Manaka is having a first time crush so it’s no surprise she doesn’t know what to think and luckily the kid she wants to impress doesn’t seem like a bad guy since he’s kind and shows a lot of interest in her world and lifestyle because personally, she doesn’t take enough time to read people and has a considerable amount of naïveté so that’s probably what makes Hikari so overprotective of her.

    Poor Akari. I really hate it when there’s an innocent relationship (It looks that way) and everyone tries to destroy it out of prejudice. There shouldn’t be a reason for banishment from village if the surface openly allows their people to attend their schools and such. It’s sheer bias. Her father might accept her involvement with a person from the surface but he seems like the understanding type but he probably will have to forbid it or carry out the consequences to uphold the villages’ traditions.

    • Highway says:

      I did like that they finally showed that perhaps Hikari views Manaka as something besides a troublesome little sister, with that imagery of her swimming for the surface and shedding her ena.

      Akari and Hikari’s father is in a rough place, because he probably understands the same things I say above: The village is dying, and driving more of the young people away is not the way to fix that. But as the village priest, he can’t just ignore what the rest of the people think.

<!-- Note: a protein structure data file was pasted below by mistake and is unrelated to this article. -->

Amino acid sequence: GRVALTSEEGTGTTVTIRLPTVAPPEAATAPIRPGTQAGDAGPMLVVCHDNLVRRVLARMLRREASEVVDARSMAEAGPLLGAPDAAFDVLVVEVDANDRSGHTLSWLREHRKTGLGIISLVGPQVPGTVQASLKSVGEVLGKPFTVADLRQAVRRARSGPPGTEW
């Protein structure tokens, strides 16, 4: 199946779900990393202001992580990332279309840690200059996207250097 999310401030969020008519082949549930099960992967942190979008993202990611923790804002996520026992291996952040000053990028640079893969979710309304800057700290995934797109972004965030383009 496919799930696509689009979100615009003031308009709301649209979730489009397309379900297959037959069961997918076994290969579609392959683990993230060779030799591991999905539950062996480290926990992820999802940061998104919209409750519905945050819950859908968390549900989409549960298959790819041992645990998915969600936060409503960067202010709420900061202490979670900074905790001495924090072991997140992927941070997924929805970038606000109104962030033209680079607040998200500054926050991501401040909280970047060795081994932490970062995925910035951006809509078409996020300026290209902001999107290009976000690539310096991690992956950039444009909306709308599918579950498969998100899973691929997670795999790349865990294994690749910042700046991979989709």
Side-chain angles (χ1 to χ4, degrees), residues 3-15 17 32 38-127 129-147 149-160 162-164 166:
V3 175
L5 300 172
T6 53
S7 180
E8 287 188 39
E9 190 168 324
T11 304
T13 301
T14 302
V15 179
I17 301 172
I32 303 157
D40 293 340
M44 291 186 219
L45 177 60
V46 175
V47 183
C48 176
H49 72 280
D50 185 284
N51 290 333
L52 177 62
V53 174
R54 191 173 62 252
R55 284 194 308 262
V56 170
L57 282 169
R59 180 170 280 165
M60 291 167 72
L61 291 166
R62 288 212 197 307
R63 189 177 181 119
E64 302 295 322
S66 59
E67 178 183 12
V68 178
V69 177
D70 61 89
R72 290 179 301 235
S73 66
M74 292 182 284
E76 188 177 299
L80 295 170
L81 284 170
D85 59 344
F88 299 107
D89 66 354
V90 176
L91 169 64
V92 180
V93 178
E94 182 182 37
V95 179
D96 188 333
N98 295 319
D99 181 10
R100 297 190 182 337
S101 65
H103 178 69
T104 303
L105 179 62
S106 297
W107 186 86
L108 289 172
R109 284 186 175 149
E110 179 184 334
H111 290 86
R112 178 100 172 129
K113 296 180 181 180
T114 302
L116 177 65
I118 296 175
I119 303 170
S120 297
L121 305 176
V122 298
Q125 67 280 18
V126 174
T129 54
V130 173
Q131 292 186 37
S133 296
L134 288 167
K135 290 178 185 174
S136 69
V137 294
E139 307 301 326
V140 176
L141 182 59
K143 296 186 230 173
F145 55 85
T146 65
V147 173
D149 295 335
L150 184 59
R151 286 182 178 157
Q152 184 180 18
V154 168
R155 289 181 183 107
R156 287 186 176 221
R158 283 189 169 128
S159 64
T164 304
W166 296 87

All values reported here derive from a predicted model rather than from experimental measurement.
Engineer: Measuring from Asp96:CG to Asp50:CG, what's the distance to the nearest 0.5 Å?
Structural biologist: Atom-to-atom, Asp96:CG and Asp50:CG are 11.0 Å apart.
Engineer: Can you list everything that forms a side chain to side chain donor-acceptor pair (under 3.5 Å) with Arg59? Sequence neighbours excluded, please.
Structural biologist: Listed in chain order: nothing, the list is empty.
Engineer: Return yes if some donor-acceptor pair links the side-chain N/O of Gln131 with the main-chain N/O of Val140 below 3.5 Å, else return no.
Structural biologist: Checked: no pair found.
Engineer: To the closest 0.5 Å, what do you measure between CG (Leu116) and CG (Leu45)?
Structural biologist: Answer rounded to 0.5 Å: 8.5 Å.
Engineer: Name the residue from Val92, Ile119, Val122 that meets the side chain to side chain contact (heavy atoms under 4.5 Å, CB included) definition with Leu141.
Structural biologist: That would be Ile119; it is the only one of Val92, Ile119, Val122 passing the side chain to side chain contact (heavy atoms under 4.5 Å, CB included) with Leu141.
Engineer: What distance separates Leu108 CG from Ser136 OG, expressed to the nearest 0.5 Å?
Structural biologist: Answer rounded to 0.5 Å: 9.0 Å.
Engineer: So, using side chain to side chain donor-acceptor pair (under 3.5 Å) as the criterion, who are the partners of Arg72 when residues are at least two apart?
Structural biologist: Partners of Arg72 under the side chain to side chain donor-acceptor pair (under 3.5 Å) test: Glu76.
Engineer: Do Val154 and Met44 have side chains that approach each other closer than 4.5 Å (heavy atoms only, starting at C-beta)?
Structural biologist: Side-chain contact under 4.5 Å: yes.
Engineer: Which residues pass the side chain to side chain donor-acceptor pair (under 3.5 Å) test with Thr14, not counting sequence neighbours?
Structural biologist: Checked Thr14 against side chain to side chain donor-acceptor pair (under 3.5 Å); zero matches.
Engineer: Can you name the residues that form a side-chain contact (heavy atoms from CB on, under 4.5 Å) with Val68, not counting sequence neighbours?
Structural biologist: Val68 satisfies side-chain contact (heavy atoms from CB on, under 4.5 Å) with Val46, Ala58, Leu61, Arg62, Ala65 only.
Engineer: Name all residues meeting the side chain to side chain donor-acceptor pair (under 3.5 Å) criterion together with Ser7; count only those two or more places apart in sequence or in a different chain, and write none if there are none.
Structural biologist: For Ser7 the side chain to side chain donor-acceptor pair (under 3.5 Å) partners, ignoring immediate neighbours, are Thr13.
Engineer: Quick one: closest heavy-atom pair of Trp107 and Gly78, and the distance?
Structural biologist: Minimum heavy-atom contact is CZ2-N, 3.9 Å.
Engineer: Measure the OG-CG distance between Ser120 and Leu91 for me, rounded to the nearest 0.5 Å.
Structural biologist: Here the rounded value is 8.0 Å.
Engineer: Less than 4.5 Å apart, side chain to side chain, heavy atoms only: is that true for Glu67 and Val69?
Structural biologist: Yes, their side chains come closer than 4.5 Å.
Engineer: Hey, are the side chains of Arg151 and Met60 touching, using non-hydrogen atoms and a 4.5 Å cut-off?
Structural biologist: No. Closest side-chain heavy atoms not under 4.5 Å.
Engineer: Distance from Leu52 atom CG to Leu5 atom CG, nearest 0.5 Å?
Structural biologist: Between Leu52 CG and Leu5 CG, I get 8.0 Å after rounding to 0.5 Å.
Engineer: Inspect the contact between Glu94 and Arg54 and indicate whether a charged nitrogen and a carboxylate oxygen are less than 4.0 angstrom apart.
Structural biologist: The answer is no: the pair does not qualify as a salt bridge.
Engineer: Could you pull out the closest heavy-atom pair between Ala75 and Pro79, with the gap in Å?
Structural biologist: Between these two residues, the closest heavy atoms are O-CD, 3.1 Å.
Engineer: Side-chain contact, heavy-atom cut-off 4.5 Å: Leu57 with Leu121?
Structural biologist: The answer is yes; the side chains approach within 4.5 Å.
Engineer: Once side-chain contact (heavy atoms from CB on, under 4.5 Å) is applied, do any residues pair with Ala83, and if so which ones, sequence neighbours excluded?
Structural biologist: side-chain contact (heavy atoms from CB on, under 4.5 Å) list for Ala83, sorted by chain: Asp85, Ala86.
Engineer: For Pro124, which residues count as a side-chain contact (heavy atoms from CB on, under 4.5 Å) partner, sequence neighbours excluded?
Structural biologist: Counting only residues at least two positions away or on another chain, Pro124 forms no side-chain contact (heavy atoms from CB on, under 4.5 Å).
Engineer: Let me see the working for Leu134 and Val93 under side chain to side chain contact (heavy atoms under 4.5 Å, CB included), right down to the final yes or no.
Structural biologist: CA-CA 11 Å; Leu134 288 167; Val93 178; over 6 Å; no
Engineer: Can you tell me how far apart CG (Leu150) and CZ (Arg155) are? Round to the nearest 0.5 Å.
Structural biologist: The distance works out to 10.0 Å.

5. anaaga says:

    Kind of giggled when Kaname talked about Manaka being the first wanting to get out from the comfort zone when it’s just raging hormone and puberty stage. Not that I mind though. PA really knows how to make drama sounds philosophical and deep.

    I have a feeling that the four are going to do something big though. Something that will change the negative policies in the village. Another proof that raging hormone and puberty are important parts of our lives. It’s that stage where we become who we are now

    • Highway says:

      Hey, there aren’t many factors that make people go outside of their comfortable world. It takes something special like major life changes.

      I’d love to see them be the impetus for major societal changes. And looking ahead, maybe it is the ability to bring surface people down to their village, because you’d think that Tsumugu might be the ideal candidate for that.